Saturday, December 28, 2013

The Uenoid "continuum" in our streams and revisions to our EPT list


I have just made three changes to the Uenoid section of the EPT list I posted on 9/8/12.  I have removed Neophylax atlanta and Neophylax concinnus, but I've added Neophylax fuscus.  These changes were made for the following reasons.

1) I am now certain that the Uenoids I found yesterday at Buck Mt. Creek were Neophylax fuscus. I had one further thing that had to be checked: the spines on the anterior edge of the pronotum.  Beaty's description of N. fuscus: "large blade-like spines on anterior pronotum" ("The Trichoptera of North Carolina," p. 87).  Here is a photo that I just took this morning.


No question about it.  That's a Neophylax fuscus Uenoid at the top of the page.

2) I have re-examined the larvae I found on 2/7/13 at the Doyles River that I thought were Neophylax concinnus.  They weren't.  They too were Neophylax fuscus; they look exactly like the larvae I found yesterday.

And 3) I am now quite sure that the Uenoids I found at the Rapidan River on 12/16 were Neophylax consimilis not Neophylax atlanta.  Steven Beaty has told me that N. atlanta is extremely rare and only found in small headwater streams: he himself has never seen one.  Of greater importance, you'll recall that I removed N. consimilis from consideration for the ID since the larvae I found did not have heads with a "stripe or pale area which is less than 1/2 head length" (Beaty, p. 86).  I failed to note Beaty's full description: "head and legs dark brown or with stripe or pale area which is less than 1/2 head length."  Vineyard, et.al. simply say this: "Head relatively uniform in colour, somewhat darker than nota or legs" (p. 45 or The Caddisfly Genus Neophylax), they make no mention at all of a pale stripe on the head.  And the only Uenoid species I found last year at the Rapidan River was N. consimilis, so I'm now pretty sure that that's what I found on 12/16 as well.
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That means that, to date, I have found five Uenoid species in local streams.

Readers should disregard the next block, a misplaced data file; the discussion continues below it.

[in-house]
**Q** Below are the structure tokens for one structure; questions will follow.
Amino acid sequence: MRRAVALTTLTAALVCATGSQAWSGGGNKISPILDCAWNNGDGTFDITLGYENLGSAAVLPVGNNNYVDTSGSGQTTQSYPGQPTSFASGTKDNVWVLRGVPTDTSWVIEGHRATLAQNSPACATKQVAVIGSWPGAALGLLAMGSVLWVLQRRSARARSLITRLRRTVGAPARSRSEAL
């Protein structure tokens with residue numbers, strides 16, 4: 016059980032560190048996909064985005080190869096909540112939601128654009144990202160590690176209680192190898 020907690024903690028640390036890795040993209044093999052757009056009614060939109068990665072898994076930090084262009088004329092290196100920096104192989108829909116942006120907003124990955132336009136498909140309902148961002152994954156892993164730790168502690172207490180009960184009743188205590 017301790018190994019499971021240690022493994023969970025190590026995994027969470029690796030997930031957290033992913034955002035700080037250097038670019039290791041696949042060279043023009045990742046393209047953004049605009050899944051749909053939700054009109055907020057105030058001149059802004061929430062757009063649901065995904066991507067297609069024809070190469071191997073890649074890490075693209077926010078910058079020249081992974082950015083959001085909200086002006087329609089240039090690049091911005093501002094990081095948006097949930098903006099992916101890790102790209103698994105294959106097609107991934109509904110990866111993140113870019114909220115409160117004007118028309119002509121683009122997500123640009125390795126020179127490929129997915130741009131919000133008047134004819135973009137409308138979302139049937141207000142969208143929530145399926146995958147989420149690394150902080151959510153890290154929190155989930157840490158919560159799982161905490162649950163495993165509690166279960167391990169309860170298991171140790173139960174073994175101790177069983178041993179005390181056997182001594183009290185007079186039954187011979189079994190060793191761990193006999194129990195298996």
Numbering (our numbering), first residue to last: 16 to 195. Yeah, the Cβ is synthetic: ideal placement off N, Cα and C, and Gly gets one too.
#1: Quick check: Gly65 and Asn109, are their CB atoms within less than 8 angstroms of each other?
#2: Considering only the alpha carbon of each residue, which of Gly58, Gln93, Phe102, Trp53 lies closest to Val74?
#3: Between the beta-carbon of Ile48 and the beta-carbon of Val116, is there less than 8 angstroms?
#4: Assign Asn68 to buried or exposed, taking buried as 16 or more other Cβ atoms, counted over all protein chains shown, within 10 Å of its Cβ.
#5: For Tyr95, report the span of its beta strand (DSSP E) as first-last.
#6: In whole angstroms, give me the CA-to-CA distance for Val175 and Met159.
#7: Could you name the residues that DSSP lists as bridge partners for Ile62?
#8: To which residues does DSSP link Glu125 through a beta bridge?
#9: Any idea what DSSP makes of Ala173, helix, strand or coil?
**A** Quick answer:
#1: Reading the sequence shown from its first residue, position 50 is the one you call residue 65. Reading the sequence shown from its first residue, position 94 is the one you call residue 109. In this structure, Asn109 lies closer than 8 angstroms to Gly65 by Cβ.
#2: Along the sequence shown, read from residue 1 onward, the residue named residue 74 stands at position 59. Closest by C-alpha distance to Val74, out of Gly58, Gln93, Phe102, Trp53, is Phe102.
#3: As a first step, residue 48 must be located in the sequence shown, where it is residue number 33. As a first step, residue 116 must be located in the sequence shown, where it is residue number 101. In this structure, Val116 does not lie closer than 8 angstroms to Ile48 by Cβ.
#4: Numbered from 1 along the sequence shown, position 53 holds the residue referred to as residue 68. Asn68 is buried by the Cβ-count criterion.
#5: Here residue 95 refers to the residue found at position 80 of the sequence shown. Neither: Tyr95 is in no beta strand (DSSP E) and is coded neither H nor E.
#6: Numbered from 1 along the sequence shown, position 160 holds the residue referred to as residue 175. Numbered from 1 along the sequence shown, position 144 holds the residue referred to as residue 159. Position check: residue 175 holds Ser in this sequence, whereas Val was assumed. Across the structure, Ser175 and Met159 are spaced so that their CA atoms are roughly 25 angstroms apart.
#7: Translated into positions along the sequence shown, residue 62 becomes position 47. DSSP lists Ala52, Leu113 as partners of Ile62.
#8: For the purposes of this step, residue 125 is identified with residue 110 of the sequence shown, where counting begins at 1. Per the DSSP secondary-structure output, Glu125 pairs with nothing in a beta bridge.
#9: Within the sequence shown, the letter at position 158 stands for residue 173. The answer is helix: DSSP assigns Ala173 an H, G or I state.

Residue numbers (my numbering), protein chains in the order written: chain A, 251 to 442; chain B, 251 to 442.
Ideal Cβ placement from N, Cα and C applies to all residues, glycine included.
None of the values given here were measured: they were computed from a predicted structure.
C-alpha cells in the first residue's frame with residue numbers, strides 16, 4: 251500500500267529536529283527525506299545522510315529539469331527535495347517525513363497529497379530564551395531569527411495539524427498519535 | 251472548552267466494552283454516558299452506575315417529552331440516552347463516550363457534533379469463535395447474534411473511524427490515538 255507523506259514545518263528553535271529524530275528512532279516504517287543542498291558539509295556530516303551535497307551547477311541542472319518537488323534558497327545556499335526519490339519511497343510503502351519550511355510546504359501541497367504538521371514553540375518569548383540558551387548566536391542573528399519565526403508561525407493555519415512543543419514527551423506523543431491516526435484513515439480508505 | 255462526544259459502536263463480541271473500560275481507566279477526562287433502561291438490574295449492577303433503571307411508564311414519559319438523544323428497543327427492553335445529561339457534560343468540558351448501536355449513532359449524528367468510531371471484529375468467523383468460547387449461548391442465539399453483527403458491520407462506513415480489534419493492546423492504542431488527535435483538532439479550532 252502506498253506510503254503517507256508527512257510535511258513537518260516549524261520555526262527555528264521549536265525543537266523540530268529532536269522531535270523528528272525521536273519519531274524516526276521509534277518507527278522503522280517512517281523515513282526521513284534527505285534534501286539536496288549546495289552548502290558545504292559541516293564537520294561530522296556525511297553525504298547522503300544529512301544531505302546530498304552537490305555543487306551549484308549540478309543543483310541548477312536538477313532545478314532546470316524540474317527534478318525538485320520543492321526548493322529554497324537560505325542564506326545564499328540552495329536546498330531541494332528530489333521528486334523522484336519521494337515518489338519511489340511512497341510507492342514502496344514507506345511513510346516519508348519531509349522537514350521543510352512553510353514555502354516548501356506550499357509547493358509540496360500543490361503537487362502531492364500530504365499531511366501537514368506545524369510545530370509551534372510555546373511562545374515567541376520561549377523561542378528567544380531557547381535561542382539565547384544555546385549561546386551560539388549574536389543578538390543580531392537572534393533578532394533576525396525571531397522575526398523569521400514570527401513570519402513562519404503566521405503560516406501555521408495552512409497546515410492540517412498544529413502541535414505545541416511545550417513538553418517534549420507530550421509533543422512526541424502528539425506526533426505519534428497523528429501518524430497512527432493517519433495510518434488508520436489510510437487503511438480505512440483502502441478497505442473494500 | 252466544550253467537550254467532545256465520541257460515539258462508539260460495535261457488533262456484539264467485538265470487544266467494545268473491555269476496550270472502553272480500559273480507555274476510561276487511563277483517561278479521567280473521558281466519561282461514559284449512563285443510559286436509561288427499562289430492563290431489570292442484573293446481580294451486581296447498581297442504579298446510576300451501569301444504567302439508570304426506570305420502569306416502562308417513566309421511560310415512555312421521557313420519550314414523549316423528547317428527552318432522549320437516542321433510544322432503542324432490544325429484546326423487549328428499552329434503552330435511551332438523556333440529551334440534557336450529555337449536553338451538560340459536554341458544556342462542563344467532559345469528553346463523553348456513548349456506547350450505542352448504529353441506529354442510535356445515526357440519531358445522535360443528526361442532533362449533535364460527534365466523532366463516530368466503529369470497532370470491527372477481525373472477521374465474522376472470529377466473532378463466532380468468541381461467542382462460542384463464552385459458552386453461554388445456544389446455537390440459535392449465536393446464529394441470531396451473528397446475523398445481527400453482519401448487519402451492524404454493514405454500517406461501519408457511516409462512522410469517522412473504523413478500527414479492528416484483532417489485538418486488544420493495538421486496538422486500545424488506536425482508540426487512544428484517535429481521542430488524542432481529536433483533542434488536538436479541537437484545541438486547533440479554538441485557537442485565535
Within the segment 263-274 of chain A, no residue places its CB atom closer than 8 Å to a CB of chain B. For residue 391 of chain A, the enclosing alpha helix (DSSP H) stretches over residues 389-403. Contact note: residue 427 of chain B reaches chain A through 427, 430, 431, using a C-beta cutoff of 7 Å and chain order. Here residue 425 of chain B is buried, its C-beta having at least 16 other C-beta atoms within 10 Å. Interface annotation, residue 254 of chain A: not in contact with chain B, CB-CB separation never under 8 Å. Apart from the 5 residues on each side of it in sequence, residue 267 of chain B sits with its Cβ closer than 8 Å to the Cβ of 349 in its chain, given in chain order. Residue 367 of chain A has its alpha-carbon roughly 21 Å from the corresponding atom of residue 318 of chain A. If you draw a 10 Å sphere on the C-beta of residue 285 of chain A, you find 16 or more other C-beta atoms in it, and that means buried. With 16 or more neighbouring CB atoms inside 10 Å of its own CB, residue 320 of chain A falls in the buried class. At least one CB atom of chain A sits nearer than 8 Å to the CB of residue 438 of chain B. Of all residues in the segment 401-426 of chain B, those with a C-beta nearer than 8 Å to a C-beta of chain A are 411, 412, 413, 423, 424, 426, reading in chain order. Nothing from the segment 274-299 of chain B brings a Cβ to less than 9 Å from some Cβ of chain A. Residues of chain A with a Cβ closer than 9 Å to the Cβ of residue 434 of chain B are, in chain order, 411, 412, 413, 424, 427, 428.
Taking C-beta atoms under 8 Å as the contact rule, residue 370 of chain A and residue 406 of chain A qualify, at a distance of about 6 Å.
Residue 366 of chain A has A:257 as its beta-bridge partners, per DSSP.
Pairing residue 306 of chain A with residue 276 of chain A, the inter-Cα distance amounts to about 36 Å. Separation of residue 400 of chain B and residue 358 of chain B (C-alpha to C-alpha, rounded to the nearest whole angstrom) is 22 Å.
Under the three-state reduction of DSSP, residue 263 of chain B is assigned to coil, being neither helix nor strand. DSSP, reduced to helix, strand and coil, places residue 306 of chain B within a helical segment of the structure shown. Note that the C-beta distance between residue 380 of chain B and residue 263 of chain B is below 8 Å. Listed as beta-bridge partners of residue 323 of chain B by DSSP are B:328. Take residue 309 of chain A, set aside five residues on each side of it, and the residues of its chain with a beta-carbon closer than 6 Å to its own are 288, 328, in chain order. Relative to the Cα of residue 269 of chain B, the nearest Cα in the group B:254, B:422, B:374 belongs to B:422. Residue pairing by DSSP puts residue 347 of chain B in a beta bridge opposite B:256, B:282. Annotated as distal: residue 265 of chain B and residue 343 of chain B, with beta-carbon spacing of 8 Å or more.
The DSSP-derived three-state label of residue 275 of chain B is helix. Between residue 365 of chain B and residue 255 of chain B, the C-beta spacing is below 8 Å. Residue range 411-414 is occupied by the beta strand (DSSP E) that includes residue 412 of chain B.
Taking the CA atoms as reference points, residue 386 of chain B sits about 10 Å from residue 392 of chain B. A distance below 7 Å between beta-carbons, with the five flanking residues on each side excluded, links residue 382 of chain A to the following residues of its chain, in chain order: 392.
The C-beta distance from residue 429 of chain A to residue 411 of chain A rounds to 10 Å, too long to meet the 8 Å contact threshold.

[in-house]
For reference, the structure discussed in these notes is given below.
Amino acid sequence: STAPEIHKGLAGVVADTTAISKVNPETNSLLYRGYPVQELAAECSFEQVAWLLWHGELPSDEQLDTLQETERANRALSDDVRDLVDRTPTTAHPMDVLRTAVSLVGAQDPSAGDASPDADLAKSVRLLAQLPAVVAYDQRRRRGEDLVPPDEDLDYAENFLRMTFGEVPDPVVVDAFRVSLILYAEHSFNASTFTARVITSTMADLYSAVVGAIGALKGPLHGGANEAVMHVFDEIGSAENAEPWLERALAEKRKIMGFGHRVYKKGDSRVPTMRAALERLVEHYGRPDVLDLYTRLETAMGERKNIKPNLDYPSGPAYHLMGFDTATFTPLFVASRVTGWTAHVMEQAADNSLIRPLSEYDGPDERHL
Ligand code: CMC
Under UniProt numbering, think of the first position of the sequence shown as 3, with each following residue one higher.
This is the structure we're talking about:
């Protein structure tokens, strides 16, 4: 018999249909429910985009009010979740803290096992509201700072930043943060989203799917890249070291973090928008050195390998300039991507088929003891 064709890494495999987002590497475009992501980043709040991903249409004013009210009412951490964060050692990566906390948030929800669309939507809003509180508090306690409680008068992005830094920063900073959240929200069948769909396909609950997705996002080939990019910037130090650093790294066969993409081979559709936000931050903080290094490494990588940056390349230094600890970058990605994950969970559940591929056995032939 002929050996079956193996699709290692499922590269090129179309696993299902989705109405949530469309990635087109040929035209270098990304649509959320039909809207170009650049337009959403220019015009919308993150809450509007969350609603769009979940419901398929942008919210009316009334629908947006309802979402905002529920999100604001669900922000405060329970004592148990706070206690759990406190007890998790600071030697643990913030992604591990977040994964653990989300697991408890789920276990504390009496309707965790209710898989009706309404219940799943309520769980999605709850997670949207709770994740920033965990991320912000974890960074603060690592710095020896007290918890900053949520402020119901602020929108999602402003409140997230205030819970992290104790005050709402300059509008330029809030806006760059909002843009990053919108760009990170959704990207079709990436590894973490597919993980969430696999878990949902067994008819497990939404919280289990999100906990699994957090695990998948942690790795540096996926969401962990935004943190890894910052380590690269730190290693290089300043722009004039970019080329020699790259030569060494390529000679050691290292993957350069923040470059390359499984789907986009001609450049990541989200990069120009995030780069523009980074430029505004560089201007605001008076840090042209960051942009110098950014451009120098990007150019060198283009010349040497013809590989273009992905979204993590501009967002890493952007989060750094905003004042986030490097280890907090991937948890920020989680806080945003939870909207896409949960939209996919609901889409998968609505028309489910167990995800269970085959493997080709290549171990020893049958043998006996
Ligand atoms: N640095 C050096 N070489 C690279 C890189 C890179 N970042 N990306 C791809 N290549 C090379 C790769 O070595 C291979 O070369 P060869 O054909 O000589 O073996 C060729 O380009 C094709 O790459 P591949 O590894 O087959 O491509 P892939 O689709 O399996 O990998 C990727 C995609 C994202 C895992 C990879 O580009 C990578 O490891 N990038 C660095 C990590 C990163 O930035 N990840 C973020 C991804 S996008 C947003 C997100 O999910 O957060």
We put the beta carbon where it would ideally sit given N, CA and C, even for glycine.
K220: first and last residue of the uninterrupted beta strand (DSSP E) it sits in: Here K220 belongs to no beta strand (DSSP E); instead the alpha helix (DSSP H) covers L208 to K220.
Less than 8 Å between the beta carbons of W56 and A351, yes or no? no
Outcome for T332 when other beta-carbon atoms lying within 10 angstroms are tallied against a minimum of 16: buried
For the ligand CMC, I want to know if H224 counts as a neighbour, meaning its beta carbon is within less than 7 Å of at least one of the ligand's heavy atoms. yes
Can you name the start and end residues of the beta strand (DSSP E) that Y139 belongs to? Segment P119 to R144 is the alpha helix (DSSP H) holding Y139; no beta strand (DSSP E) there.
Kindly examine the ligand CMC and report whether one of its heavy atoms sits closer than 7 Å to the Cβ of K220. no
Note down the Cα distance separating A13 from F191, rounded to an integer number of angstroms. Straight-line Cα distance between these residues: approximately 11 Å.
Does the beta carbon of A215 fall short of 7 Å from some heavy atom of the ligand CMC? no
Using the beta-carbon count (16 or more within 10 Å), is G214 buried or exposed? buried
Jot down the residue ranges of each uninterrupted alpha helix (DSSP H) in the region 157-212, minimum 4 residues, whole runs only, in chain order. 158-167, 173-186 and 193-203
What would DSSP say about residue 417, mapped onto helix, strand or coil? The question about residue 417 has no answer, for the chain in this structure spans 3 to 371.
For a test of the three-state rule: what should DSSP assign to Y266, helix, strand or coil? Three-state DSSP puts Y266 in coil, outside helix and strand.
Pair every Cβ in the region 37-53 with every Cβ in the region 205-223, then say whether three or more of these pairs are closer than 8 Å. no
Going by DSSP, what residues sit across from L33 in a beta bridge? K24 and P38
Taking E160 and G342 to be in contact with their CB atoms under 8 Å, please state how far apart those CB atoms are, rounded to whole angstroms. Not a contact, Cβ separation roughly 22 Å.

1. Neophylax aniqua
2. Neophylax mitchelli
3. Neophylax consimilis
4. Neophylax oligius
and
5. Neophylax fuscus

That sequence, as it turns out, corresponds to the Uenoid continuum that I've noted so far in our streams.  That is to say -- as you move downstream from a headwater stream to a second or third order stream, you might find Uenoids all the way down, but you'll find different species.  Thus, when I go to my favorite small mountain stream in Sugar Hollow -- a first-order, headwater stream -- and go to the highest part of that stream, I find N. aniqua and N. mitchelli.  When I move down that stream to a site not far from the Moormans, I find N. mitchelli and N. consimilis.  When I go to the South River up in Greene county, the Rapidan in Madison County, and the upper Doyles River, all second-order streams, but streams that are still in the mountains, I find only N. consimilis.  And when I go to the lower Doyles River and Buck Mt. Creek, second order streams that have moved out of the mountains and into field country, I find N. oligius and N. fuscus.

That's the continuum that I'm currently seeing.  If I need to revise this, I'll let you know.
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aniqua


mitchelli


consimilis


also consimilis


oligius


fuscus

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Now if Beaty comes back and tells me the larvae I found at the Rapidan River really were N. atlanta I'll have some serious adjustments to make!

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